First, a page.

Immunologist Professor Kingston Mills has described the Russian Covid-19 vaccine Sputnik as very effective and said that he expected the European Medicines Agency (EMA) to authorise its use shortly.
Prof Mills told Newstalk that there were other vaccines available outside the Moderna, Pfizer and AstraZeneca vaccines already approved.
Apart from Sputnik from Russia, there was also NovaVax from the United States and CureVac from Germany.
Sputnik appeared to have great efficacy, reportedly 92 percent, he said. The EU was not dragging their feet, they were completing a rolling review, looking at all the data and had not yet received an application for full market authorisation.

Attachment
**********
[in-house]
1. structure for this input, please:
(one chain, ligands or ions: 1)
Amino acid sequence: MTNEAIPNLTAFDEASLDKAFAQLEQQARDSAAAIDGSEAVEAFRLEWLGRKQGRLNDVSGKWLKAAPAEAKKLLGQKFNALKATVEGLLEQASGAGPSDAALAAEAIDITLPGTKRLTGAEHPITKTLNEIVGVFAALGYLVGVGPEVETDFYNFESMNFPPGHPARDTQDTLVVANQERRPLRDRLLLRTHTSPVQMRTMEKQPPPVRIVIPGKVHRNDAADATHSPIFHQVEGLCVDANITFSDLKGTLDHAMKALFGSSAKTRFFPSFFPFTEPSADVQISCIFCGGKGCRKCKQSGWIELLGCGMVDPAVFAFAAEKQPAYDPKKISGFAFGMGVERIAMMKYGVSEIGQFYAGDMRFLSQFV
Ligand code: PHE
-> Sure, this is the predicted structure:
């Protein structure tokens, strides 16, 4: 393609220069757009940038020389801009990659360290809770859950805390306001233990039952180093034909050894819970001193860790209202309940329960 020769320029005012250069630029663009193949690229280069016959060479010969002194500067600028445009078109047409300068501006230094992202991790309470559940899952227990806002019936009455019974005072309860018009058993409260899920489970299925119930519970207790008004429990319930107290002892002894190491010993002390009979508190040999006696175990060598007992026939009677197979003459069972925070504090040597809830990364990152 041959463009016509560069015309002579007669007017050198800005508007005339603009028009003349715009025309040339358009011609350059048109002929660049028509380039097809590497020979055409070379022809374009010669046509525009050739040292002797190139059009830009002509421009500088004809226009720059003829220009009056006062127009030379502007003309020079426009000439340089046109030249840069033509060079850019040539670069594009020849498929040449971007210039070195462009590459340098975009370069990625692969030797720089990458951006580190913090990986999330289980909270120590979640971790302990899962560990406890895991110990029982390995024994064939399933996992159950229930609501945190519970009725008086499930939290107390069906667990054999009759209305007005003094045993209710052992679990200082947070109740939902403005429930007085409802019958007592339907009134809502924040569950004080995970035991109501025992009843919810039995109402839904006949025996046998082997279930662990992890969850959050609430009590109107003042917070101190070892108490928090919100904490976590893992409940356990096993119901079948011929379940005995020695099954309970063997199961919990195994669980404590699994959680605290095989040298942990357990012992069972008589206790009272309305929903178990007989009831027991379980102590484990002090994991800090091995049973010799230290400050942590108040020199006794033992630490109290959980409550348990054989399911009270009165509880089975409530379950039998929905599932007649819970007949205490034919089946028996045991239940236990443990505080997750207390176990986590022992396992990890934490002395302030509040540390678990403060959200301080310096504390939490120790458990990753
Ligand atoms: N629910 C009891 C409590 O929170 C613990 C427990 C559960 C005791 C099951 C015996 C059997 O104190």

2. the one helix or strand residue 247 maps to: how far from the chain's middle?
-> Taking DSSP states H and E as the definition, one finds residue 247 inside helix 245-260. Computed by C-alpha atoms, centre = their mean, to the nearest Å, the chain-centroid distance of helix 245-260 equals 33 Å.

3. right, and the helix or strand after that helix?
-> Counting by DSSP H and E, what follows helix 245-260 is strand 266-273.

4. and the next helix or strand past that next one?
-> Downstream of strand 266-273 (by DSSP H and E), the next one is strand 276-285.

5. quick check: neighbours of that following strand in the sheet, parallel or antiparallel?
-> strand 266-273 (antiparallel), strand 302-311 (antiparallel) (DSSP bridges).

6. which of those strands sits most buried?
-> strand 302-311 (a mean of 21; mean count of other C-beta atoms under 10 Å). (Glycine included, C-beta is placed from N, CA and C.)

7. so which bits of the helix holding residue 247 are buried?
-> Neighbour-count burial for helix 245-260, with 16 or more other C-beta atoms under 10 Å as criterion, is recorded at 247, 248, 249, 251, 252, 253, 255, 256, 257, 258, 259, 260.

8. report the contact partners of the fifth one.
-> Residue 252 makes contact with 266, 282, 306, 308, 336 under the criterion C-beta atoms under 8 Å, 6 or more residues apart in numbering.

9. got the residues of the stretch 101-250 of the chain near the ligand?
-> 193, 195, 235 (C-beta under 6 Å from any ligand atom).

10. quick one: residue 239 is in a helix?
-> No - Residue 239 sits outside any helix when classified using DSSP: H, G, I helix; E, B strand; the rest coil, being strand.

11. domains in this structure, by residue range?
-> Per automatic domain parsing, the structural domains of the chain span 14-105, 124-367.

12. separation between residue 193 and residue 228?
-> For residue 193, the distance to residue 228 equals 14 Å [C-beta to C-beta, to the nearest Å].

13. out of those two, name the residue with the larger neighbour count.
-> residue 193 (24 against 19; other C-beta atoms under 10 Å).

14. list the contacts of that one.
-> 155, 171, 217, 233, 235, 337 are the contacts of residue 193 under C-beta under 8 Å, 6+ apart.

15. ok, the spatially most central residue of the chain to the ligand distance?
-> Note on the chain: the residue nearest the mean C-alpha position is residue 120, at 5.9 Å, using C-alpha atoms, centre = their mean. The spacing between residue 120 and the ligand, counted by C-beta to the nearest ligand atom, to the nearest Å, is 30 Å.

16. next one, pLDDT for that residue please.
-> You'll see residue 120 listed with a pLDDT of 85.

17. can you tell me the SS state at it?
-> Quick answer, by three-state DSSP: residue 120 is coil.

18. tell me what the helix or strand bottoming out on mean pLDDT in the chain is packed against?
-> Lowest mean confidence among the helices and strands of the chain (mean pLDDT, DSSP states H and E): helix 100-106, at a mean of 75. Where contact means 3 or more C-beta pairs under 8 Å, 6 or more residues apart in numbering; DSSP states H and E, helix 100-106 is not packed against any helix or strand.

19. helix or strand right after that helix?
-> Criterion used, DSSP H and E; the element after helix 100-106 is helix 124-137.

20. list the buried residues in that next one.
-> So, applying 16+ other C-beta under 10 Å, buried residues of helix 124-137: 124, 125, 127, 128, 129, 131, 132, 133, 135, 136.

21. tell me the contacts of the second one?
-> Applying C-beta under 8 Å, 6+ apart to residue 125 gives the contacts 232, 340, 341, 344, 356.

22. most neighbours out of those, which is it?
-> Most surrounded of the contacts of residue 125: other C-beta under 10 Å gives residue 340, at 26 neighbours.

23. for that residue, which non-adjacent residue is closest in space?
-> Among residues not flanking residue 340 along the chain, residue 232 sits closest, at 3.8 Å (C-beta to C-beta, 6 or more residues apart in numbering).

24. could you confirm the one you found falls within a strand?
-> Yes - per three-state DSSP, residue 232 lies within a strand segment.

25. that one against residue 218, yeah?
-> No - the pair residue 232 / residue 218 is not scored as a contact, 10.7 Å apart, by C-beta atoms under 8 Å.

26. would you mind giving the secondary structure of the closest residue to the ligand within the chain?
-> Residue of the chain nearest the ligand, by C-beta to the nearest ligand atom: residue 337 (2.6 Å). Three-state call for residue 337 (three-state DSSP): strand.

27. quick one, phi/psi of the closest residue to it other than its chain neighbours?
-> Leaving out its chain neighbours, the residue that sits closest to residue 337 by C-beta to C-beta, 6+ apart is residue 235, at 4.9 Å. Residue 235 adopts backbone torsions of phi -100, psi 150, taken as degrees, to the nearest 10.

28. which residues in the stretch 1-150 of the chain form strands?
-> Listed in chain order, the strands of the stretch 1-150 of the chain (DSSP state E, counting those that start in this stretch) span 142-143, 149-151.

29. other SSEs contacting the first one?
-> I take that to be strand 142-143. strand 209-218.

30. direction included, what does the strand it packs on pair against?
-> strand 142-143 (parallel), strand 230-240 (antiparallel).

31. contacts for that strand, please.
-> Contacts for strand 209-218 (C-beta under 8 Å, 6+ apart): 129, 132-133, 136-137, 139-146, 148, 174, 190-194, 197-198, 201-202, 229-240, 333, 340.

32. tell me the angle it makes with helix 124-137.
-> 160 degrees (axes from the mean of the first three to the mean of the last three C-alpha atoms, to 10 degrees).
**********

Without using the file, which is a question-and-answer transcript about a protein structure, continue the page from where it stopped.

The current “spat” between Russia and the EMA was “a bit of a political thing” and he said he would be very surprised if Sputnik was not licensed soon. “It’s a very, very good vaccine.”
Prof. Mills explained that making vaccines was a highly complex and sophisticated process and that manufacturers did not have “barrels” of vaccine “sitting on shelves” while they were awaiting approval.
Some of the vaccines — AstraZeneca and Johnson & Johnson — involved a ‘live’ virus which had to be grown. It was not a straightforward process and had to be grown under very stringent conditions, he explained.
All of the companies involved wanted to “crank up” production, but in some cases there were issues with supplies of the ingredients required to make the vaccine, such as reagents which had been in short supply for PCR testing too, he said.
Prof Mills said he believed the “teething issues” would soon be “ironed out” and more vaccines would be approved for use which would increase supply.